Friday, April 24, 2015

Second Thoughts

Yesterday, I had to make a clarification, one that I will remake now.  I am firmly against increased and incessant role-playing constraints in role-playing games.  That is, the sort of thing where players are compelled by the DM to 'act out' lengthy scenes, often repeatedly, between their characters and the DM's NPCs.  I am not a fan of diceless participation events, which I will not call games as nothing game like occurs.

My post yesterday regarding funhouses was written to highlight how greater emphasis on mental participation has derived from the failure of RPGs to maintain their value in a rapidly changing world.  It was also written to point out how 'role-playing' has itself been redefined in order to justify the inclusion of insipid bantering as an alternative to making a better playing field for play.

Plainly, I wasn't clear.

The "Funhouse" I addressed is the closed, ordered, simplistic module set piece designed to
 surprise, challenge and amuse the player.  Specifically in a way that can be controlled, manipulated and most importantly simplified so that the DM is never challenged, never has to step out of his or her comfort zone and is never, ever, compelled to redesign or rethink a prepared, static and stultified landscape where the players have been placed.

We like to call it a railroad, but it is much more.  Railroads go somewhere.  The Funhouse is a box.  It goes nowhere.

Yesterday, I argued that the Funhouse was the logical construct for role-playing, given that it was made in a time of pencil and paper graphics.  More wasn't possible . . . except with excessive resources, none of which were available, asked for or expected by a small company fundamentally unable to service the very game they created.

What have we changed since?  Not a blasted thing.

Most people express sounds of being stunned, surprised and amazed that I have systematically been making maps that cover a fair part of the world.  That's fine, I'm just one person and I don't spend all my time working on maps.  But think what could be done with extensive resources!

Steam is all excited that they can offer this interactive system for the official 5th Edition, but how much is it, really?  In the demo, the creator/demonstrator literally goes on line and proceeds to steal the work/content of another, random person, then insert it into the game system you're using.  In fact, it is a design feature of the system, that it can rip off the internet so you don't have to make your own maps.  More importantly, STEAM doesn't have to make them.  "Hey, we know you're already ripping off the internet!  This will make it easier!"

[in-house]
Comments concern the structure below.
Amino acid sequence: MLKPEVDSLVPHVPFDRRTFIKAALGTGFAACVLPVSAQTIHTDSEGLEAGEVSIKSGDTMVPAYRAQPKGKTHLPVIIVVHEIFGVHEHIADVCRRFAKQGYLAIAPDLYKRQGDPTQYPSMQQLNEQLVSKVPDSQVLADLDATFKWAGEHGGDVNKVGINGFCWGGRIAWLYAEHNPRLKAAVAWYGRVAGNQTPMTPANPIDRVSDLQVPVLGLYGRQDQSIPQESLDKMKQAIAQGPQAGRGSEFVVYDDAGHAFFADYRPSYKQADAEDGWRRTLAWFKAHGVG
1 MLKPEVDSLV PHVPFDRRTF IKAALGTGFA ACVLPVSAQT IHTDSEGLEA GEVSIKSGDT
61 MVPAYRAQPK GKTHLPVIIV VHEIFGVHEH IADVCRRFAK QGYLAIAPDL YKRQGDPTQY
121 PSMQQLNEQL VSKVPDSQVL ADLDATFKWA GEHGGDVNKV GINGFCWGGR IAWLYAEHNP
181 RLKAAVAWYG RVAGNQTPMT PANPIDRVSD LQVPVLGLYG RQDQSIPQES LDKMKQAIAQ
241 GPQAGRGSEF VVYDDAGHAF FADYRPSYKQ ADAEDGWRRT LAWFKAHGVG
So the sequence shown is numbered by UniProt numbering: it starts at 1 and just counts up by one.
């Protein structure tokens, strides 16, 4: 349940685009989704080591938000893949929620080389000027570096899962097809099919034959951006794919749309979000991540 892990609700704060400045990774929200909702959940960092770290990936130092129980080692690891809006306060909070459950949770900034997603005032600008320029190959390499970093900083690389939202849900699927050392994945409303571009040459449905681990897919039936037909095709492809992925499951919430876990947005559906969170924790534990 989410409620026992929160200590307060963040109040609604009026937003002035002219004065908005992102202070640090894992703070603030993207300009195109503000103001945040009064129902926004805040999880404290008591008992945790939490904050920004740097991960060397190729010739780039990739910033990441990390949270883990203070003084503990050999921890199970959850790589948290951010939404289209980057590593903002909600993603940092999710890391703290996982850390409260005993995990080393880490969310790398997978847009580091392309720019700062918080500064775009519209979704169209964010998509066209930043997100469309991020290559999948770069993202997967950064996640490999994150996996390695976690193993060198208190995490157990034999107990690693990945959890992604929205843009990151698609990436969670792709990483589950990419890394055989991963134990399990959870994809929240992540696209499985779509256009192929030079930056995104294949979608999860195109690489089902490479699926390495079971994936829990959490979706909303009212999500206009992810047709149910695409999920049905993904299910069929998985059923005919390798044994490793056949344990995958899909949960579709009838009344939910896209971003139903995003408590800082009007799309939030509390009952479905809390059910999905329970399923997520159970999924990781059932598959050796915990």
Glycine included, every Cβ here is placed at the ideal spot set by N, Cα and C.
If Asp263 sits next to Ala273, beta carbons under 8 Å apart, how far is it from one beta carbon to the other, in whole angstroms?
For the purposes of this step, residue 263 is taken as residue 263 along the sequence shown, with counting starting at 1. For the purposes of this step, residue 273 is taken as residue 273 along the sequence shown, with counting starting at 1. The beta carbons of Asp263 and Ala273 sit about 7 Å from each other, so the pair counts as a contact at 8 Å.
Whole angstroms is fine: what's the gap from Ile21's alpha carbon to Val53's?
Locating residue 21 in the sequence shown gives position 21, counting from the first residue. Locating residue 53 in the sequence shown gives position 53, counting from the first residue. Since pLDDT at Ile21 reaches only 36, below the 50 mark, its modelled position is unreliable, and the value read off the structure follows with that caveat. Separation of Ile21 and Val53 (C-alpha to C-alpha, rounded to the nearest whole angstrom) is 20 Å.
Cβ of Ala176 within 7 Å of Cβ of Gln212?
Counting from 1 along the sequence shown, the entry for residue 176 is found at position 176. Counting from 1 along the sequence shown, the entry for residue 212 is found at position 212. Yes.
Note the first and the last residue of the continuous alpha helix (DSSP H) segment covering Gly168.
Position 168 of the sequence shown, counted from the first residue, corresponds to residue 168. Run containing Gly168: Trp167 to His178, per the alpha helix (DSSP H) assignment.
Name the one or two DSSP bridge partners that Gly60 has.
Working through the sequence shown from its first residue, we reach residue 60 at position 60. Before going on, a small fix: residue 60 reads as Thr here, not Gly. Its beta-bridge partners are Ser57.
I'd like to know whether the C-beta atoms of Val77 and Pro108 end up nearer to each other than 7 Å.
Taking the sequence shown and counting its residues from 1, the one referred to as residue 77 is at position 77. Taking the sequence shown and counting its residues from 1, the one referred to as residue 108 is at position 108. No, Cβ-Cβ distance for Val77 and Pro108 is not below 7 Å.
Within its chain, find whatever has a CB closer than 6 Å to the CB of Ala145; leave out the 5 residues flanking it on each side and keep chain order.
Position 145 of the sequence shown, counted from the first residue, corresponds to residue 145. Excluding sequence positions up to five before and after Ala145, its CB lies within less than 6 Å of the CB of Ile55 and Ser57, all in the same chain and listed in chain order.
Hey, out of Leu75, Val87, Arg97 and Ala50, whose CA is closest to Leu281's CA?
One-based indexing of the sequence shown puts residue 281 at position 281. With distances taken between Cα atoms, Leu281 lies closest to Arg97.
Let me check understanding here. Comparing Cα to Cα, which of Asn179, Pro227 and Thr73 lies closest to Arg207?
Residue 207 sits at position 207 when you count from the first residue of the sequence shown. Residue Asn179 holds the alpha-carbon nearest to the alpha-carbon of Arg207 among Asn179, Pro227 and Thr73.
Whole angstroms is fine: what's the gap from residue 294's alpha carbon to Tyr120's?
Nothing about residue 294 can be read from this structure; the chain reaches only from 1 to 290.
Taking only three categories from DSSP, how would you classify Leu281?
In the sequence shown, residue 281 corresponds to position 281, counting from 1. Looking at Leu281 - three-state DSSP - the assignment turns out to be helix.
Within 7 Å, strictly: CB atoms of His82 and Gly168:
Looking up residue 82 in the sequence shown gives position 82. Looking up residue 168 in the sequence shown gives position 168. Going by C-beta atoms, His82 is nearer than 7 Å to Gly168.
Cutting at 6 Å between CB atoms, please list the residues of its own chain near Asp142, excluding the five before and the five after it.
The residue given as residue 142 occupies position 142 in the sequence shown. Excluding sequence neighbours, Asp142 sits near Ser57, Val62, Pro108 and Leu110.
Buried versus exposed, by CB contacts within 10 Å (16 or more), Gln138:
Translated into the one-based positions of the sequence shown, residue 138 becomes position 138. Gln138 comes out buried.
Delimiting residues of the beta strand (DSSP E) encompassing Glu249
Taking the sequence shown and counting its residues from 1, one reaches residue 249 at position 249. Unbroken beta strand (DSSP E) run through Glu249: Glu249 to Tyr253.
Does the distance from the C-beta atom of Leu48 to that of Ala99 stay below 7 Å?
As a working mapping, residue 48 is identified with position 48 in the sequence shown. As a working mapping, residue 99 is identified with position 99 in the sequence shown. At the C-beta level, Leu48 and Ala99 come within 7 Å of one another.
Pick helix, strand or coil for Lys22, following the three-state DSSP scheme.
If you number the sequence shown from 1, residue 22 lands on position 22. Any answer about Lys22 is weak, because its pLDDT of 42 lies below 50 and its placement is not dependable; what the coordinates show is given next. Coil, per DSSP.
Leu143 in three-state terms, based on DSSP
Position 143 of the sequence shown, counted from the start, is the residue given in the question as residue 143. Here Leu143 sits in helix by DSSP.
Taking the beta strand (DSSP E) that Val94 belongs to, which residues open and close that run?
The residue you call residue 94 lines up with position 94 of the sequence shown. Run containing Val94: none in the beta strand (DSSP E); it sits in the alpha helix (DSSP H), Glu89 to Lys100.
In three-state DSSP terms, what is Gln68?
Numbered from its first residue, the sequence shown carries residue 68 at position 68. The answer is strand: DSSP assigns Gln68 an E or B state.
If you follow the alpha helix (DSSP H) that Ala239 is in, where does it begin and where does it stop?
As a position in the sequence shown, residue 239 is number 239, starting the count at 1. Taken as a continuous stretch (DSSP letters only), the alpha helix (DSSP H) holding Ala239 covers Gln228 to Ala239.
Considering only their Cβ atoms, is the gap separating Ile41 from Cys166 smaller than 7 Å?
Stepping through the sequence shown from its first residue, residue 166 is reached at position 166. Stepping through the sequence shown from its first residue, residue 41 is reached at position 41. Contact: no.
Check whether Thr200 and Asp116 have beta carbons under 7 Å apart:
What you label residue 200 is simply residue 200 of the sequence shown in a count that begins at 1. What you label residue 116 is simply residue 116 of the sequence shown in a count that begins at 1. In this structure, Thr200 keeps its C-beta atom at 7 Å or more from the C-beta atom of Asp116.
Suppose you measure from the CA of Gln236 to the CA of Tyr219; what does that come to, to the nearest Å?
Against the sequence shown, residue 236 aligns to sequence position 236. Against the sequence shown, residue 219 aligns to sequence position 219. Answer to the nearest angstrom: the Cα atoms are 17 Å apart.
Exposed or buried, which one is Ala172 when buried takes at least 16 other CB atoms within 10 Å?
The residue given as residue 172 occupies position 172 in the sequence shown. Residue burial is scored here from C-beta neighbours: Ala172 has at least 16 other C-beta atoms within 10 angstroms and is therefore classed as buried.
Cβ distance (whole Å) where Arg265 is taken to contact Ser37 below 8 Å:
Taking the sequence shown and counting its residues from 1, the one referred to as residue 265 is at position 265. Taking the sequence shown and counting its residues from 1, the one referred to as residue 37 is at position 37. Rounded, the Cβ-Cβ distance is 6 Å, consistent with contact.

I don't really care . . . but it shows where the focus is.  Steam and the programmers aren't interested in providing you with any sort of consistent, reliable setting for your campaign; they're making it easier for you to insert other people's funhouses for your convenience and their profit.

Fundamentally, since the program does nothing my earlier version of publisher didn't do back in 1998 (except for the auto features, which were technologically possible 17 years ago), the company hasn't done anything.  In fact, they've taken a few short cuts, since they're relying on the existing internet to fill in the holes for their product's imagery.

Does the program allow me to build on the program, then extend that build indefinitely into endless space?  No.  In this age of GoogleEarth, that is not an option.

But that's okay, because I can build my world on a totally different program, then import it into Steam's system, where it is useless because I prefer hexes to squares.

Someone invented Greyhawk more than 30 years ago.  Where is the massive Greyhawk virtual surface where players can move their pieces, not just independently but also simultaneously, in real time, in a non-turn based process, like any multiplayer video game right now?

Sorry, that's not available.  Not because it couldn't be available, but because, well, that's not our agenda.

I apologize.  I'm very biased about this.  I never began a campaign with the notion of running a dungeon funhouse.

Anything less than a world bores me.

Gawd, I wish I had better content to write about than this.


JB said...

@ Alexis:

Oh, I think this is pretty good content. Sometimes it's necessary to critique the thinks folks might gush over without much examining.

Your point about ripping off other folks' work is especially well taken.

Maxwell Joslyn said...

The problem, I think, is that people want to automate the wrong things.